Although the arrival of rains will be a blessing for the drought-affected people in Gode Zone, this same rainwater will render the already weakened livestock extremely susceptible to many endemic diseases. In order to maximize the chances of survival for the remaining livestock, the ICRC, in co-operation with the South East Rangelands Project (SERP), will carry out an emergency veterinary programme for approximately 100,000 head of livestock, treating these animals for e ndo and ecto parasites and some common bacterial diseases. A second round of treatment will take place in June.
Water and sanitation
The ICRC continues to support the digging or rehabilitation of wells in Afder Zone. In Denan and Gudis towns, most wells have dried up, and in the event that NGOs, which presently supply these towns with water trucks, are unable to increase or continue the supply of water, the ICRC plans to act and start water-trucking to complement existing water supplies.
In the initial phase, the food will be briefly stored in Gode and Jijiga by the ICRC and the Ethiopian Red Cross Society before being transported to the affected towns and distributed by community elders under Red Cross supervision. All food required is currently being mobilized by the ICRC's regional logistics centre in Nairobi and by ICRC headquarters in Geneva.
3. Humanitarian coordination
A substantial relief operation involving the Ethiopian authorities (DPPC), the Red Cross, United Nations agencies and NGOs is presently the top priority in the region. All major humanitarian organizations are closely consulting with the authorities and with each other to try to plan a complementary approach which avoids duplication. The different components of the Red Cross Movement present in Ethiopia, (i.e., the Ethiopian Red Cross Society, the International Federation and the ICRC) are working closely together both in the field and at headquarters level to streamline efforts and maximize efficiency. Elsewhere, the International Federation is also supporting the efforts of the Ethiopian Red Cross Society to assist farming communities hit by the drought in the two districts of Ambassel and Kutaber in South-Wollo. The ICRC, for its part, has always regularly coordinated with other organizations who have been working in the Somali Region for a number of years.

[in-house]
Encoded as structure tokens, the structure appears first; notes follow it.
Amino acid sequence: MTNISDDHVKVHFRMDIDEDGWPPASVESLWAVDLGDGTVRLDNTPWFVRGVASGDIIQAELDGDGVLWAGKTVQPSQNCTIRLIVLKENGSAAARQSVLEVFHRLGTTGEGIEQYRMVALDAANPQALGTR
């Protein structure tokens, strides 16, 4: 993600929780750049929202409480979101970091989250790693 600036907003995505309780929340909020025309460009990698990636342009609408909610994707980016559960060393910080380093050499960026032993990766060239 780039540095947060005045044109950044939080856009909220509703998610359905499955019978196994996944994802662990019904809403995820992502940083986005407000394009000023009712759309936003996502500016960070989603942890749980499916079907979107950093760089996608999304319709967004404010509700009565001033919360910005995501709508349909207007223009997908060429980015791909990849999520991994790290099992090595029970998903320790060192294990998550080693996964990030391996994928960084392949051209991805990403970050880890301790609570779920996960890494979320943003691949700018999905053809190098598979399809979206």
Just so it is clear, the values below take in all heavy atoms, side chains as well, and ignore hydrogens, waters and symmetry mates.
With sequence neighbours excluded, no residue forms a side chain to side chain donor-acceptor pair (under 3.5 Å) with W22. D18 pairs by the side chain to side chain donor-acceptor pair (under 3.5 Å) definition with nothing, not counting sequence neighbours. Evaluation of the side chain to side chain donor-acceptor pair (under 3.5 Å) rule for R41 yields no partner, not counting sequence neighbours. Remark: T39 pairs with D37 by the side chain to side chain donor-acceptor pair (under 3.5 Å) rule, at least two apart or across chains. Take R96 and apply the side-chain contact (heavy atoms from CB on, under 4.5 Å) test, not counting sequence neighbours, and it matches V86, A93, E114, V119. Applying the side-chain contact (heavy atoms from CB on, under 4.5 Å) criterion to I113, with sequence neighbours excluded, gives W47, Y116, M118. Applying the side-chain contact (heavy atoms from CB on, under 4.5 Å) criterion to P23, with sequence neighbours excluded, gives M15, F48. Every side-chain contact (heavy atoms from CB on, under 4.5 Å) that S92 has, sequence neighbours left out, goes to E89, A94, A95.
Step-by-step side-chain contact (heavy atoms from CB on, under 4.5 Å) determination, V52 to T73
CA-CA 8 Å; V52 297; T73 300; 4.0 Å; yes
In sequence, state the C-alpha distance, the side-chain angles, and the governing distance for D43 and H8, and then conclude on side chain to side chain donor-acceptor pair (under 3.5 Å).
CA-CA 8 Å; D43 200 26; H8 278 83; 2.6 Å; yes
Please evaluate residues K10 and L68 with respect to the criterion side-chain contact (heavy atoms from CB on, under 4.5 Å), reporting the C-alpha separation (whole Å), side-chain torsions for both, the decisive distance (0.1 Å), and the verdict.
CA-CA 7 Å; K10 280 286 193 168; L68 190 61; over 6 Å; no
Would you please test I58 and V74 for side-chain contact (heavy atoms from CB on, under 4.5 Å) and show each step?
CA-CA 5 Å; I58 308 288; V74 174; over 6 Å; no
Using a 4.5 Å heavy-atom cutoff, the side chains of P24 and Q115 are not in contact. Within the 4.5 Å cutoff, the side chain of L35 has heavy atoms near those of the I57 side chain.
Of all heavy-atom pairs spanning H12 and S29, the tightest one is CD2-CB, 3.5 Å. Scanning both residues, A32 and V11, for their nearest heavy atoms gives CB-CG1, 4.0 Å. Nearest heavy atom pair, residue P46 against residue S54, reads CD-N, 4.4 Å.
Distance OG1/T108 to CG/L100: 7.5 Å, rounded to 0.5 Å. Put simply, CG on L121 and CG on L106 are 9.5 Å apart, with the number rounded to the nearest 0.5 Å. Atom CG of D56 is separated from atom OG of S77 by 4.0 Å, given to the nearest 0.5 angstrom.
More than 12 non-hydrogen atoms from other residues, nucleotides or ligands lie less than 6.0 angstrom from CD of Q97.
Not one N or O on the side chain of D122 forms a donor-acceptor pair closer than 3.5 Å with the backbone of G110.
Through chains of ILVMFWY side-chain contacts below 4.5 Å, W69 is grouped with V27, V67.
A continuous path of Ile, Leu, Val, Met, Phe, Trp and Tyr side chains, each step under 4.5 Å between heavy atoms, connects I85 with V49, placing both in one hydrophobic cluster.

As mentioned in the previous ICRC update, the Ministry of Health and MSF-Belgium have completed a measles vaccination campaign in the whole of the Gode Zone. Where necessary and appropriate, the ICRC is prepared to assist with the continuation of vaccination activities carried out by NGOs working in therapeutic feeding centres. The Ogaden Welfare Society, a local NGO, has started to distribute blended food in Denan and Imi districts. Other NGOs have opened therapeutic and supplementary feeding centres, or are trucking water.
Ref. LG 2000-047-ENG